The five other detainees sent to Oman were identified by the Pentagon as:

— Idris Ahmad 'Abd Al Qadir Idris and Jalal Salam Awad Awad, also both alleged bodyguards to bin Laden;

— Sharaf Ahmad Muhammad Mas'ud, whom the U.S. said fought American soldiers at Tora Bora before his capture in Pakistan;

— Saa'd Nasser Moqbil Al Azani, a religious teacher whom the U.S. believes had ties to bin Laden's religious adviser; and

— Muhammad Ali Salem Al Zarnuki, who allegedly arrived in Afghanistan as early as 1998 to fight and support the Taliban.

"The United States is grateful to the government of Oman for its humanitarian gesture and willingness to support ongoing U.S. efforts to close the Guantanamo Bay detention facility," the Defense Department said in a statement announcing the transfer. "The United States coordinated with the government of Oman to ensure these transfers took place consistent with appropriate security and humane treatment measures."

The Oman News Agency reported early Saturday that the men would be living there “temporarily,” without elaborating. Sultan Qaboos bin Said approved the men being in the country to aid the U.S. while also taking into account the men’s “humanitarian circumstances,” the agency reported.

Oman's decision to accept the men comes as it has played an increasingly important role in mediations between the U.S. and Iran as world powers try to strike a nuclear deal over the Islamic Republic's contested atomic program.

All of the 11 detainees transferred this year have been from Yemen. At least 43 of the remaining 51 approved for transfer this year are from Yemen.

The Obama administration won't send them home due to instability in Yemen, which has seen Shiite rebels known as Houthis take the capital, Sanaa, and other areas despite a campaign of Saudi-led airstrikes targeting them. Al-Qaida in the Arabian Peninsula, Yemen's local branch of the terror network that the U.S. considers to be the world's most dangerous offshoot of the group, also remains active in the country.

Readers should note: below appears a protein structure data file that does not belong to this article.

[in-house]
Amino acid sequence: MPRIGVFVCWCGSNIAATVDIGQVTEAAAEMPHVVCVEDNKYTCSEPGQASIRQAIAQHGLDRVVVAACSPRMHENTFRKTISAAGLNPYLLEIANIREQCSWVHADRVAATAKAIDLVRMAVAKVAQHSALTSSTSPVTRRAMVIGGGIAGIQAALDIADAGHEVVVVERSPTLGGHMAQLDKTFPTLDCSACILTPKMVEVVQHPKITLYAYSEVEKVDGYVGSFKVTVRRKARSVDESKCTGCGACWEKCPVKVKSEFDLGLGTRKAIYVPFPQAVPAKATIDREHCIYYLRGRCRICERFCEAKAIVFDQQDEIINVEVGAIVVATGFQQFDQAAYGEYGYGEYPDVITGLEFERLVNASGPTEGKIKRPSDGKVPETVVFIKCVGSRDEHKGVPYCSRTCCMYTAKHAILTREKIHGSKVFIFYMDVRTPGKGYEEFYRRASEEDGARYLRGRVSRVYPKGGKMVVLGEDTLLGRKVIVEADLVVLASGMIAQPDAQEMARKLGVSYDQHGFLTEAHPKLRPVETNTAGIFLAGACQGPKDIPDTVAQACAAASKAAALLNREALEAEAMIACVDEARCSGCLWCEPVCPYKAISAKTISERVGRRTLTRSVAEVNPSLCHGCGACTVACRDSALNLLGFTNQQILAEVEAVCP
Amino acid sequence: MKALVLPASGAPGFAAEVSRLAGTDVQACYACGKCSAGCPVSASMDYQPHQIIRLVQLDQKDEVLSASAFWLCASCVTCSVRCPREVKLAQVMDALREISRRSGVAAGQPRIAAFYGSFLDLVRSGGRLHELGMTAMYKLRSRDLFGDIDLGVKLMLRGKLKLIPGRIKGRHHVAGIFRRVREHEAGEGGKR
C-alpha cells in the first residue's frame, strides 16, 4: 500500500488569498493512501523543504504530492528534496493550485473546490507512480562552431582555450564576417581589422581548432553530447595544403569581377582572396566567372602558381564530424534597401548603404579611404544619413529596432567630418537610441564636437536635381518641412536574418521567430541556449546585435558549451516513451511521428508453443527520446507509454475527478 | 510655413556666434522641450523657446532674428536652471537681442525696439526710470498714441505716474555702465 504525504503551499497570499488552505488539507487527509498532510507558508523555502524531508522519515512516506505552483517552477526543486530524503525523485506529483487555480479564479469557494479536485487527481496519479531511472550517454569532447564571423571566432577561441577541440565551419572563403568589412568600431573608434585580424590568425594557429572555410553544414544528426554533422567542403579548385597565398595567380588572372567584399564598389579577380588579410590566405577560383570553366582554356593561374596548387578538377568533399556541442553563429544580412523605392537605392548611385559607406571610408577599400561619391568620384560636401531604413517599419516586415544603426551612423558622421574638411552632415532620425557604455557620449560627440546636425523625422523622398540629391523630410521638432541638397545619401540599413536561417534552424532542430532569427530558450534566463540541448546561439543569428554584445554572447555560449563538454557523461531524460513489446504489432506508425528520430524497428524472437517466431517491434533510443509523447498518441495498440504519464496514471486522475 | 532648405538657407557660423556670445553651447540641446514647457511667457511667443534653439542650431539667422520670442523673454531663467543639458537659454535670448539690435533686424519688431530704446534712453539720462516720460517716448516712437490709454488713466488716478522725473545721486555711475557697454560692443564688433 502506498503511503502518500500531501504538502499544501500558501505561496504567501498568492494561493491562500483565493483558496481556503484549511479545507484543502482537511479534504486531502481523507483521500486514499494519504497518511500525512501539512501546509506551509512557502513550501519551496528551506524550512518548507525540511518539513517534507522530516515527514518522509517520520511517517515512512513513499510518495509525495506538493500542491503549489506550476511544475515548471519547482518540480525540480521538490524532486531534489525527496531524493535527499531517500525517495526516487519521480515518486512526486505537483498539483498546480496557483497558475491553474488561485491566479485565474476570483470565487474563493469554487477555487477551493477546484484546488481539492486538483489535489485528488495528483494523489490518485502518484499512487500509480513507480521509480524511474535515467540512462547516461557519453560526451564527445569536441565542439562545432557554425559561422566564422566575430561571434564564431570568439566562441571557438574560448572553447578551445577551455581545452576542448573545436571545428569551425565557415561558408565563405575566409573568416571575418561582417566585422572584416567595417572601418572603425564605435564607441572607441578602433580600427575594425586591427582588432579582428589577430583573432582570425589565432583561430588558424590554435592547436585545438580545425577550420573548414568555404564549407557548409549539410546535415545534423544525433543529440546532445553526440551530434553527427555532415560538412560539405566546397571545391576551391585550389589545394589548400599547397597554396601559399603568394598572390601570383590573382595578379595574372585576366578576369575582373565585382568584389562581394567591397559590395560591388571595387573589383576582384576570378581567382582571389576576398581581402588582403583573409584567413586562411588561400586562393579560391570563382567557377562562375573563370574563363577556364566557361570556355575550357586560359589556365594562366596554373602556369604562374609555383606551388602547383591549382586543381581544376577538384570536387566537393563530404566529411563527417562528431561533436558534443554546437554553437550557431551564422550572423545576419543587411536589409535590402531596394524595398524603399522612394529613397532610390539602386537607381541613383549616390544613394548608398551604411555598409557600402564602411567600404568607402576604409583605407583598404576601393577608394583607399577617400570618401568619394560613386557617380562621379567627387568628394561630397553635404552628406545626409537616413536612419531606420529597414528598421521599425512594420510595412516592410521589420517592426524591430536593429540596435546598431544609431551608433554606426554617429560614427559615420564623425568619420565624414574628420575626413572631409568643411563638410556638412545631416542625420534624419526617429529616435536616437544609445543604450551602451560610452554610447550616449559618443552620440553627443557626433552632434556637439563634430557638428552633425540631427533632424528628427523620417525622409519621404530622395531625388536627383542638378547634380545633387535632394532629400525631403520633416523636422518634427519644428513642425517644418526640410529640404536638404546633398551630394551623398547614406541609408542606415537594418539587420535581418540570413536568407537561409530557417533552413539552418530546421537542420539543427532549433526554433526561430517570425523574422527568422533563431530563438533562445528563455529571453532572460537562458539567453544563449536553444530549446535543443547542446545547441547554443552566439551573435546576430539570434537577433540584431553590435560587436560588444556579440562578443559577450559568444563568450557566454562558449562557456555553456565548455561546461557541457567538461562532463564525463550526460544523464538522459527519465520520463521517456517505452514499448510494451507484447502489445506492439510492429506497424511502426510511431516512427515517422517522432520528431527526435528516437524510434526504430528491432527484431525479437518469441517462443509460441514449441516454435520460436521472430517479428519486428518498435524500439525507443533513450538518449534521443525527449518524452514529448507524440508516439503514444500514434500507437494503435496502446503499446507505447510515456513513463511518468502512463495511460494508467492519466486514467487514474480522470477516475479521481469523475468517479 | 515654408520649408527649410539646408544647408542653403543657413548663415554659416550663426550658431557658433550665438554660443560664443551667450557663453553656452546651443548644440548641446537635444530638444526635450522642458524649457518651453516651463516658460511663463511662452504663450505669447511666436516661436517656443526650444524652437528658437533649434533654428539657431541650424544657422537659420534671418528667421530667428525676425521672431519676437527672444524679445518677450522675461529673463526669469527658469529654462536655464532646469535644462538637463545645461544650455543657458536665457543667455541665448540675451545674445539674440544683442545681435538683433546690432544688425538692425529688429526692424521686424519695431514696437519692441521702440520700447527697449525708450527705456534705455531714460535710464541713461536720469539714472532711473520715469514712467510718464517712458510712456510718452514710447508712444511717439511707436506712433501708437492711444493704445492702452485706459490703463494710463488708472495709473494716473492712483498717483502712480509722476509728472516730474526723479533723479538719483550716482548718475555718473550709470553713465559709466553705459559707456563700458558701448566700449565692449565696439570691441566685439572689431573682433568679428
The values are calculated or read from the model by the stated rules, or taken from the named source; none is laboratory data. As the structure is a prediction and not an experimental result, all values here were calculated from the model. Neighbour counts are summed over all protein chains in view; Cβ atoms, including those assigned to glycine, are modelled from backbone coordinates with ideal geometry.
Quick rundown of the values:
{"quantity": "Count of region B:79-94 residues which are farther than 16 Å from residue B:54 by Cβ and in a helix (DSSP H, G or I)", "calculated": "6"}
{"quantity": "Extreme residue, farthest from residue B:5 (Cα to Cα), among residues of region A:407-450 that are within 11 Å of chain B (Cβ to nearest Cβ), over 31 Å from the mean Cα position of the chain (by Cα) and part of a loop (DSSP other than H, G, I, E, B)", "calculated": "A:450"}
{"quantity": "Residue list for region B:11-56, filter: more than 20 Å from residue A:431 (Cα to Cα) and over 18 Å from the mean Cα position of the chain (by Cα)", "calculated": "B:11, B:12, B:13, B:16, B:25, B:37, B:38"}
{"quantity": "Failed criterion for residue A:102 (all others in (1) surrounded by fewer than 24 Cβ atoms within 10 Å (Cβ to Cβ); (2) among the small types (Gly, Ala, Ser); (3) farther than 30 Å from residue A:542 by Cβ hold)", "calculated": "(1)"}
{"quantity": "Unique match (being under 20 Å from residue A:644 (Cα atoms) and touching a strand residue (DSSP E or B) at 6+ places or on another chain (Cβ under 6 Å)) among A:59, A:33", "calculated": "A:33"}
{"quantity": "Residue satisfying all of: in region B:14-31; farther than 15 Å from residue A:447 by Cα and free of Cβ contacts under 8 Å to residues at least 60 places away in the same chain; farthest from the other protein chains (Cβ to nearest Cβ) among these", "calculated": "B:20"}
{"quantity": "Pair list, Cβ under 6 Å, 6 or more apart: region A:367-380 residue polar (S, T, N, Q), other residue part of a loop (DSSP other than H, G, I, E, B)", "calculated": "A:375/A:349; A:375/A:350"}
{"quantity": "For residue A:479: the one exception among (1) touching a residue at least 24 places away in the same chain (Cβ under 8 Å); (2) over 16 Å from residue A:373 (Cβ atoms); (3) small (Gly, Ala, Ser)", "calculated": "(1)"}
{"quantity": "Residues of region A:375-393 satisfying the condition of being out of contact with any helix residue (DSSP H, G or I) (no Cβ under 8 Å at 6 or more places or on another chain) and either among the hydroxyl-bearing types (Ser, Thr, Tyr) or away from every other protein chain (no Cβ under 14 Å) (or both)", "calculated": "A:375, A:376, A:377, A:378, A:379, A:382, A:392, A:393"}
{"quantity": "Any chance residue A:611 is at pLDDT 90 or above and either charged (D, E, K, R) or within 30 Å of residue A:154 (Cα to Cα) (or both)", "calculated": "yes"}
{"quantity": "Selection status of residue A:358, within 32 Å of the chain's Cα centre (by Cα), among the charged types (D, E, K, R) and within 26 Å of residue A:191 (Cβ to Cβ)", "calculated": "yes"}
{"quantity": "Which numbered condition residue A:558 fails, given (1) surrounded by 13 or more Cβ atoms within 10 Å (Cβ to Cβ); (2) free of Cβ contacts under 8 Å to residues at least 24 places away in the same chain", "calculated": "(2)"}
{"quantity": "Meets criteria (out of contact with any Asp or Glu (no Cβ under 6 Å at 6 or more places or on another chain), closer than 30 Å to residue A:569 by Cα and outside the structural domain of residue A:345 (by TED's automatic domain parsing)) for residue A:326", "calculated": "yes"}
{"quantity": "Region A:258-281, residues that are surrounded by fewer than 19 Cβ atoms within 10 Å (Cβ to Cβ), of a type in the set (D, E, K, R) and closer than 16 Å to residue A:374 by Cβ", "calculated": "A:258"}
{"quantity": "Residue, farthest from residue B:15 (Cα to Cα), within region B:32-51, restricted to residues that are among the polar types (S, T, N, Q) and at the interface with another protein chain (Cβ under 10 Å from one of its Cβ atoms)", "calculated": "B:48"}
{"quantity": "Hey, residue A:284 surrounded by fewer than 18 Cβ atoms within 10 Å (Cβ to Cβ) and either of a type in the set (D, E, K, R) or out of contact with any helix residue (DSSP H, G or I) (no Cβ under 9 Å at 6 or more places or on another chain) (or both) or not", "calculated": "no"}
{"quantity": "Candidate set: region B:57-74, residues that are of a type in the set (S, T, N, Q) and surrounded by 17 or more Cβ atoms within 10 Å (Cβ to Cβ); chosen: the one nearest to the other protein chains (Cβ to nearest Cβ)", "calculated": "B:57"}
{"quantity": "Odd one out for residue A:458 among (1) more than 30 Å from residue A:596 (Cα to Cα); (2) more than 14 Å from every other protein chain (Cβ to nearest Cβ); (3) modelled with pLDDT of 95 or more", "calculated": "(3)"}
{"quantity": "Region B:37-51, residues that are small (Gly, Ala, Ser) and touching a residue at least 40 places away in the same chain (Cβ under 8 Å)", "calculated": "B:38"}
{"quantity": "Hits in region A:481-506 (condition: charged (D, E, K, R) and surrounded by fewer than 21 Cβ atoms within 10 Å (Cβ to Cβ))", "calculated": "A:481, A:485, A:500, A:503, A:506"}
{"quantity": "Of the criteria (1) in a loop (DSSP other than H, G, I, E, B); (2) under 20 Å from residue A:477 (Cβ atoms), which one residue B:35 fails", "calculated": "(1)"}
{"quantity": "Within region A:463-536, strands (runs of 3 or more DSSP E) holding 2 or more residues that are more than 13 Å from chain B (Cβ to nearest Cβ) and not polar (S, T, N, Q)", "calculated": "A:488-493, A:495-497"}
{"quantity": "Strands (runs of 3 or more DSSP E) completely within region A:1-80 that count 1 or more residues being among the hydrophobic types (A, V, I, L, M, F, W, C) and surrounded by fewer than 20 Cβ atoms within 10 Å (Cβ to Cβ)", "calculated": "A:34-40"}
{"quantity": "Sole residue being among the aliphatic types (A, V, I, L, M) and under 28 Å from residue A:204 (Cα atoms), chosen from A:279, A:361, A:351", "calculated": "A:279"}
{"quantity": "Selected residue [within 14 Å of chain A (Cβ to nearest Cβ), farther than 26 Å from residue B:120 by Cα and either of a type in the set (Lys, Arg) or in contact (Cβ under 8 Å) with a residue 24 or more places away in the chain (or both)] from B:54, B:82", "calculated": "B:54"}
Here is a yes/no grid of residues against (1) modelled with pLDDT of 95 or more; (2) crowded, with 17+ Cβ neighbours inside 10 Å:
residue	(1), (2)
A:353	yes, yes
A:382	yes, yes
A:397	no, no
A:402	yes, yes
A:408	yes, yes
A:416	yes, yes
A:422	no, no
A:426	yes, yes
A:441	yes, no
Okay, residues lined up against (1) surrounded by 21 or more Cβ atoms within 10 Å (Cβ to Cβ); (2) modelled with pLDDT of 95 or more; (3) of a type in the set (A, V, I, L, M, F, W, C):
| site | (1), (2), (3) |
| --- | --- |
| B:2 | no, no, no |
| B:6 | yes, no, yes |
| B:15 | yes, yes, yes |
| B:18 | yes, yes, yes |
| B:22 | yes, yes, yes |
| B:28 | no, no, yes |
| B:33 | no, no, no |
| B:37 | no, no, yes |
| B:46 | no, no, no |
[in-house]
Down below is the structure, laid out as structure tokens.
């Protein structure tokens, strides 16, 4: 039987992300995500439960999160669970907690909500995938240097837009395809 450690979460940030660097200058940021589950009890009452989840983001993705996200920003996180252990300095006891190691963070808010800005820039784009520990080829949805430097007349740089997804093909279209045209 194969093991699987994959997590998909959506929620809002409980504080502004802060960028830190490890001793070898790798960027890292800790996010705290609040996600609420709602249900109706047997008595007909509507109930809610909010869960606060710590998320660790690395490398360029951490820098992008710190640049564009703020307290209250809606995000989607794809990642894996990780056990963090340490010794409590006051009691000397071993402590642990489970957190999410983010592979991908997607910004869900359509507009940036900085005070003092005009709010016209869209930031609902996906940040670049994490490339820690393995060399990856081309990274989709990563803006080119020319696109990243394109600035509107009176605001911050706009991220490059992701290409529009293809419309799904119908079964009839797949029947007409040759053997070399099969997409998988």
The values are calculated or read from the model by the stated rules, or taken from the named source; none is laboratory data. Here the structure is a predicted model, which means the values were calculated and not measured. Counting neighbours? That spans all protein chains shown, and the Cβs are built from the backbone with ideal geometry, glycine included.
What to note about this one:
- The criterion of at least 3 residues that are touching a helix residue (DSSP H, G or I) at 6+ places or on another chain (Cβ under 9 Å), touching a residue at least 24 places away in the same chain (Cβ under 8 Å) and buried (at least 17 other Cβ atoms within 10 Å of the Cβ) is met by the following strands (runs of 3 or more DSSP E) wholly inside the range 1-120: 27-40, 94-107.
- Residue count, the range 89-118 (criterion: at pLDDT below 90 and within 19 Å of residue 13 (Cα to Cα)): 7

"We are working feverishly to transfer each of the 51 detainees currently approved for transfer," said Ian Moss, who works on detainee transfers at the State Department. "It is not in our national security interest to continue to detain individuals if we as a government have determined that they can be transferred from Guantanamo responsibly."

Some lawmakers want to impose stiffer requirements for transferring Guantanamo detainees to other countries. Obama has threatened to veto a House bill in part because of the Guantanamo restrictions.

An administration official said Oman agreed to accept the six Yemeni detainees about a year ago. But the defense secretary must give final approval to the move, and that has been a slow process at the Pentagon.

The U.S. administration official, speaking on a condition of anonymity without authorization to go on the record, told The Associated Press the Pentagon has sent no further transfer notification to Congress, which is required 30 days before detainees can be moved.